Caravan Industry Association of Australia’s CEO Stuart Lamont says that’s not the case at all, and parks are trying to meet the needs of all markets.

“These resort parks provide an incredible amount of services and facilities that consumers want at a time when they aren’t full of school kids, and they are an important part for consumer needs ... so I get frustrated that everyone says it has a jumping pillow and they are just trying to attract families.”

“The caravan park is actually trying to say, there’s a portion of my audience that needs to be entertained, and the jumping pillow is part of that, but they aren’t trying to exclude the grey nomad.”

Lamont says when it comes to cost, “if it’s a mixed park with caravans and sites and is attracting families for the jumping pillow, that is subsidising the cost of people attending in caravans”.

“Look at Rivershore, and others like them which have cafes and an on-site restaurant and big sites, and unashamedly they charge a fee, and I would suggest it’s good value and continues to be relative to other domestic tourism product ... everyone focuses on a few properties and doesn’t look at the overall picture. I think there are plenty of opportunities for people to travel and stay at a place that their budget attracts.”


BIG4 Holiday Parks, which has more than 180 parks across Australia, has recently changed its branding, to ensure clarity in the now diverse range of parks it offers. 

CEO Steven Wright says it decided there was a need to better describe the parks, so the consumer knew exactly what they were getting, and has renamed its parks as either classic, holiday or premium.

“I get letters saying, ‘we went to this BIG4 park and it didn’t have a jumping pillow’, and then the grey nomad says, ‘I’m sick of paying for facilities so I’m not coming back’, so we are playing a role to ensure they choose the right park.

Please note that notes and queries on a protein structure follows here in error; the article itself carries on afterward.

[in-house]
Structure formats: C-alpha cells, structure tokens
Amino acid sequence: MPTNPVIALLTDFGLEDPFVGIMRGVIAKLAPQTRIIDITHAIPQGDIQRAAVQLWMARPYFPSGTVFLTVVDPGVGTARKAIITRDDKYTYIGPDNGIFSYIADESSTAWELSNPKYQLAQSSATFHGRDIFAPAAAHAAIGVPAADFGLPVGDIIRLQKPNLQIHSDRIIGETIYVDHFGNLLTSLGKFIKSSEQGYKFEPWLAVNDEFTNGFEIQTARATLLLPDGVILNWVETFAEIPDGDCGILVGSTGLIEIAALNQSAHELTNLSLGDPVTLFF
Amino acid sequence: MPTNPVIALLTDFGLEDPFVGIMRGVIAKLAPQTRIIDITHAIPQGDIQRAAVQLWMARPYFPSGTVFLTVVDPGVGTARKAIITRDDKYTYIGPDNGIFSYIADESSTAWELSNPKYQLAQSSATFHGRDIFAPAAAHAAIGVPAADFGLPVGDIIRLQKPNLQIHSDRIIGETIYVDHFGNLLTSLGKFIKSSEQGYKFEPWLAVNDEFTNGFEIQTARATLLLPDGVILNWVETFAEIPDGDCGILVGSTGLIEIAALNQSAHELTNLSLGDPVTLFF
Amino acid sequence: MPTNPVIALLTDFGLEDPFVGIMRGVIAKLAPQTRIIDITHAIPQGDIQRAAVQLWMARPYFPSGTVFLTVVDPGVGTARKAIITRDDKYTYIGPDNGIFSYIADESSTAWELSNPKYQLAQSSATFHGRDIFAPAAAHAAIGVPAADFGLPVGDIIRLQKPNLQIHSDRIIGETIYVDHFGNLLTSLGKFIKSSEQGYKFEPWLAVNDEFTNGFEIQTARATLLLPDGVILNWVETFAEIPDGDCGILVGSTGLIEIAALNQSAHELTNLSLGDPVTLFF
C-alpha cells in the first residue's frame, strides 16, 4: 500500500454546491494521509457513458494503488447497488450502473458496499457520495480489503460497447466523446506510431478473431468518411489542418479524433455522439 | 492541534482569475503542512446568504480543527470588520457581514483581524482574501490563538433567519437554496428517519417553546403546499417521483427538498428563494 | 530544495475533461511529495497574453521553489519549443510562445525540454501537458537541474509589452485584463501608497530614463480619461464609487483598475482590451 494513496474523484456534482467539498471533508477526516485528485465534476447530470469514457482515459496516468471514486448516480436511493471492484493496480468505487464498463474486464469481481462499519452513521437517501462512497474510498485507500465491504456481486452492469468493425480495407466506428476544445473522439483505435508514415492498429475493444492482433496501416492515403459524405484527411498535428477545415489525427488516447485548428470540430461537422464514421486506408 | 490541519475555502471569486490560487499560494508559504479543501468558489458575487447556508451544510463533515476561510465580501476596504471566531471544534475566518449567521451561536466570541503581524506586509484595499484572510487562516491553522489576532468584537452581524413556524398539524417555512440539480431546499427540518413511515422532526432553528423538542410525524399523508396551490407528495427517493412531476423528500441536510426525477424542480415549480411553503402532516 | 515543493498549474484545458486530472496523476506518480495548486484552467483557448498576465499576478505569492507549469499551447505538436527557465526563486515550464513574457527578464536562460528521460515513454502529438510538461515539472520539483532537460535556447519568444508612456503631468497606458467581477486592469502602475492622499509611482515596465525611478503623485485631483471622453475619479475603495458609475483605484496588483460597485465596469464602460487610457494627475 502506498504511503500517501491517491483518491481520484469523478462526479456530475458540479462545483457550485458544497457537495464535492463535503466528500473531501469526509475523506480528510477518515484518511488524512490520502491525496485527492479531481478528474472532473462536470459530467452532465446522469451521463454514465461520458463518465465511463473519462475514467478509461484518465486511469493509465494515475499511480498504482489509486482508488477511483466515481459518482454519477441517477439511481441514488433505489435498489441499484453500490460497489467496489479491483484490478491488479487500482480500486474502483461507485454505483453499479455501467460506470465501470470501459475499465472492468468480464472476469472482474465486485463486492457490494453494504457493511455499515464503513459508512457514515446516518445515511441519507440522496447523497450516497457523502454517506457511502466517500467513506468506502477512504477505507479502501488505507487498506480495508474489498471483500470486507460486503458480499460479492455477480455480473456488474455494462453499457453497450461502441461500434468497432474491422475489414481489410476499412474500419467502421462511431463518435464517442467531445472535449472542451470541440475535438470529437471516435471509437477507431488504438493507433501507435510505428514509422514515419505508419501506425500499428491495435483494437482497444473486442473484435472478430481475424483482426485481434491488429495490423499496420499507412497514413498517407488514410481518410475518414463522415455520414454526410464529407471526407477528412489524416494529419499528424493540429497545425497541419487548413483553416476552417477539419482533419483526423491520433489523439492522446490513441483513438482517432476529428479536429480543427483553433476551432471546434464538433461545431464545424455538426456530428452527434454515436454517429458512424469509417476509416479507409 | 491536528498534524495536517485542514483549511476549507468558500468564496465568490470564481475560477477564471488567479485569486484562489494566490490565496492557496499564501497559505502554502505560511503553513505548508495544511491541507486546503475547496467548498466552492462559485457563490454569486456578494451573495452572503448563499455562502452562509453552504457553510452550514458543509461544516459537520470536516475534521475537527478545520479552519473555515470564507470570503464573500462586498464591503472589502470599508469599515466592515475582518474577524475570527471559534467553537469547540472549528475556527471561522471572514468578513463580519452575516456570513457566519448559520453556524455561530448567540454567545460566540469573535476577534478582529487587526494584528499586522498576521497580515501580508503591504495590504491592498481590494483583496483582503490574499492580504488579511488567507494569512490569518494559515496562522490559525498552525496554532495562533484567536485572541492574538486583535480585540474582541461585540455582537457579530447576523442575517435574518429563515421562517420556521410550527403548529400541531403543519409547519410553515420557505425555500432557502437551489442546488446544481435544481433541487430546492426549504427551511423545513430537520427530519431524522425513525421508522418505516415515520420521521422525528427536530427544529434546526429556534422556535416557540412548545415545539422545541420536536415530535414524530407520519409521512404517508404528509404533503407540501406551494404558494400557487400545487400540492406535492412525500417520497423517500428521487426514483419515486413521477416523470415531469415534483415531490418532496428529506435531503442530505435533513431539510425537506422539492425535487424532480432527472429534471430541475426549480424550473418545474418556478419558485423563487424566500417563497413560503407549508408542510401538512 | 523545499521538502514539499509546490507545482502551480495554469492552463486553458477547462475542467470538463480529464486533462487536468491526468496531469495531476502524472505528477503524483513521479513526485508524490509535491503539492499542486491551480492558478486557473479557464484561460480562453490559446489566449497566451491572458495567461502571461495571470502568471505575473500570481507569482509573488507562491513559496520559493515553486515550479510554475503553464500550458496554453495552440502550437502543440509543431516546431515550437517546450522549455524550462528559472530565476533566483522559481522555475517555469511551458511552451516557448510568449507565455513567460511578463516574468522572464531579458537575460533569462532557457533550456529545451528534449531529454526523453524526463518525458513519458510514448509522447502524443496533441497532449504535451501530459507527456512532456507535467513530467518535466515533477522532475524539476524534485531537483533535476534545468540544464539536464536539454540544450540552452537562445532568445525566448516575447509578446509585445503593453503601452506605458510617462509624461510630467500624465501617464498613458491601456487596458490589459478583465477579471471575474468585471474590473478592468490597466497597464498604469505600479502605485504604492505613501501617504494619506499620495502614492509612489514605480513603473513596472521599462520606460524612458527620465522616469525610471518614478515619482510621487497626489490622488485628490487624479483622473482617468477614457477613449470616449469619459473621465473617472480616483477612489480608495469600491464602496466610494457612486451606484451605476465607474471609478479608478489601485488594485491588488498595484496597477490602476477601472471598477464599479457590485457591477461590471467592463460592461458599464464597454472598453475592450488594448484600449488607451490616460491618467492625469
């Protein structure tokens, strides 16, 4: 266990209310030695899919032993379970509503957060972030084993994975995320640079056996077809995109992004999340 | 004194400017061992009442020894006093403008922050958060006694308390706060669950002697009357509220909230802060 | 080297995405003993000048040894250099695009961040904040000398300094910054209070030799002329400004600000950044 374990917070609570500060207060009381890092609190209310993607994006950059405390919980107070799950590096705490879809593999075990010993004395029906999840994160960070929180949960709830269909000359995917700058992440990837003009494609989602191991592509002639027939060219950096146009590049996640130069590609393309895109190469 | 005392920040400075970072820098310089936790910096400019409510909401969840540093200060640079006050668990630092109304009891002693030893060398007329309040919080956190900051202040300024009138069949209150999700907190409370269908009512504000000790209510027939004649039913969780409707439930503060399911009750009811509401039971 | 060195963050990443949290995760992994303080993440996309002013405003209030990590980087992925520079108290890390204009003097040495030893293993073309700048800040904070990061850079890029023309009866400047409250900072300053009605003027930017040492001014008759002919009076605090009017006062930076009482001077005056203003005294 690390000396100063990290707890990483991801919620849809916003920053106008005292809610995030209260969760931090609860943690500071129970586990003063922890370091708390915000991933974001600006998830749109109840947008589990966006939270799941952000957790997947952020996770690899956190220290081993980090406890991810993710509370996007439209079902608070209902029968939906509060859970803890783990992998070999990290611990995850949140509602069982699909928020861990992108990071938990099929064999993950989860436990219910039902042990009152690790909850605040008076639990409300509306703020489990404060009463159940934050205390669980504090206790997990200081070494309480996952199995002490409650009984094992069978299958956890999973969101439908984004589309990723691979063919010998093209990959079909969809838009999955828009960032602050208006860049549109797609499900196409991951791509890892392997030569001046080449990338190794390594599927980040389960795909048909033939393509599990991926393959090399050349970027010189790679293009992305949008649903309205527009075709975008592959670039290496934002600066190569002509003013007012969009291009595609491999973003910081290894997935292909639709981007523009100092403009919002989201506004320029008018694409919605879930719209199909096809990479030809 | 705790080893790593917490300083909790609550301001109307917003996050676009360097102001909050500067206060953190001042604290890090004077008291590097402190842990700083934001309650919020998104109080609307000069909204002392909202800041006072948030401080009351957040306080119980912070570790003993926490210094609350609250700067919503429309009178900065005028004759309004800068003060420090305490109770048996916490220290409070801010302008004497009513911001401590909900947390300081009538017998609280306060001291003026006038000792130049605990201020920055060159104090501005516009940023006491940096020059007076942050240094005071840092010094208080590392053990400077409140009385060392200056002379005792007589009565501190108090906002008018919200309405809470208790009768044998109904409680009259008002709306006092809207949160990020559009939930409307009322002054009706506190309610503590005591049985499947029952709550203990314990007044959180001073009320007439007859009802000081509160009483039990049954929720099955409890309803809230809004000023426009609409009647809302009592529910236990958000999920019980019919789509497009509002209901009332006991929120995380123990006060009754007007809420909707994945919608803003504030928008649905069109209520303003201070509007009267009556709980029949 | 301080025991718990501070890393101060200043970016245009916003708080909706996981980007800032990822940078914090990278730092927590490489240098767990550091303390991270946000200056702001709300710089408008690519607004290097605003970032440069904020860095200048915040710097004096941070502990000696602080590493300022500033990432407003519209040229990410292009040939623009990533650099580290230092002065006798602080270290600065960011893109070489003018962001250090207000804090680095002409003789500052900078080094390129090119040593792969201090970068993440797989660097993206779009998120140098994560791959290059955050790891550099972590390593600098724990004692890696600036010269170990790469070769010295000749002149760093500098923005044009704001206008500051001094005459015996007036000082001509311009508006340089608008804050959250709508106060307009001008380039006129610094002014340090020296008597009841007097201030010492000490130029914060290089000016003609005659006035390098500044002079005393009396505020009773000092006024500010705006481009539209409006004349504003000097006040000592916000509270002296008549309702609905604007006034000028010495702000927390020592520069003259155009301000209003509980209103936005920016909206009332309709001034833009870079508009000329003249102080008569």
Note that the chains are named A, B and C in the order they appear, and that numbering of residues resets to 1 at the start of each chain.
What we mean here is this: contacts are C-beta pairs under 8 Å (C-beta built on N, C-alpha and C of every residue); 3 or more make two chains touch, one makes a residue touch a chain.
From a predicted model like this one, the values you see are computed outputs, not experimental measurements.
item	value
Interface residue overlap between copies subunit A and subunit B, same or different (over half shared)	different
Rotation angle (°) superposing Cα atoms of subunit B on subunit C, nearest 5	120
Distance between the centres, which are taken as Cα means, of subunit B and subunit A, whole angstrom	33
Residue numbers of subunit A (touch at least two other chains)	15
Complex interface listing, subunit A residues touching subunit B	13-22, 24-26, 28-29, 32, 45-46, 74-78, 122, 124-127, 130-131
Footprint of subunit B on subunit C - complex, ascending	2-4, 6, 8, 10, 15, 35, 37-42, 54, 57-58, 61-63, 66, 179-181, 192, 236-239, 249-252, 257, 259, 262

“If you are a grey nomad who wants a quiet location and cheaper environment, then there are parks in the classic range, and we also have facilities for families and kids in the premier range with higher pricing.”

He says it’s about making sure the park meets the consumer need.

“If you’re in a quiet outback town driven by the nomad market then that’s what you have to deliver as an experience, but if you are on the beach in Gold Coast, or if in major family holiday destination, your park needs to address that and that’s what we’re doing, trying to help the consumer find what’s right for them.”

Equally he says it doesn’t prevent grey nomads wanting the resort experience to choose that, at the right time of year when prices are lower.

“A lot of our parks are using a flexible price model, so you can stay in off peak environment and not have to pay peak prices.”


Australian Tourist Park Management (ATPM) CEO Paul Davies, Australia’s second largest investor in holiday parks, says with the rise in resort parks, they’re seeing an increase in intergenerational travel.

“We see those groups travelling more and more. Every adult likes to see kids entertained and that [resort park] is a great way to do that.”

He denies any theory that the resort park boom will burst.

“There’s an inherent social aspect to travelling and staying in a caravan and holiday park and people enjoy being in a social environment.

“The irony is the facilities they have in rigs are so developed and they can stop anywhere, but they still choose to come to a park because there’s something about that social aspect. From talking to our guests we know that’s an important aspect of the experience, so I don’t anticipate that that will change, it’s an inherent human desire.”  


Heading to the east coast with the extended family? Here are three of our favourite resort-style parks to keep the entire family entertained for hours.

  • Rivershore Resort, Diddillibah, QLD

Best bits: Spacious sites, safari tents with uninterrupted river views, double slide in pool, five star cuisine and bar

  • BIG4 Gold Coast, Helensvale, QLD 

Best bits: Resort-style pool with slide, lush gardens, new villas, plenty of powered and en suite sites, 32 acres of land, BMX track, proximity to theme parks, koalas and animal park, doggie daycare

  • BIG4 South West Rocks, South West Rocks, NSW

Best bits: pirate ship water park with three slides in solar heated pool, resident kangaroos, food, and brand new lodges





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Liudmila Smelyanskaya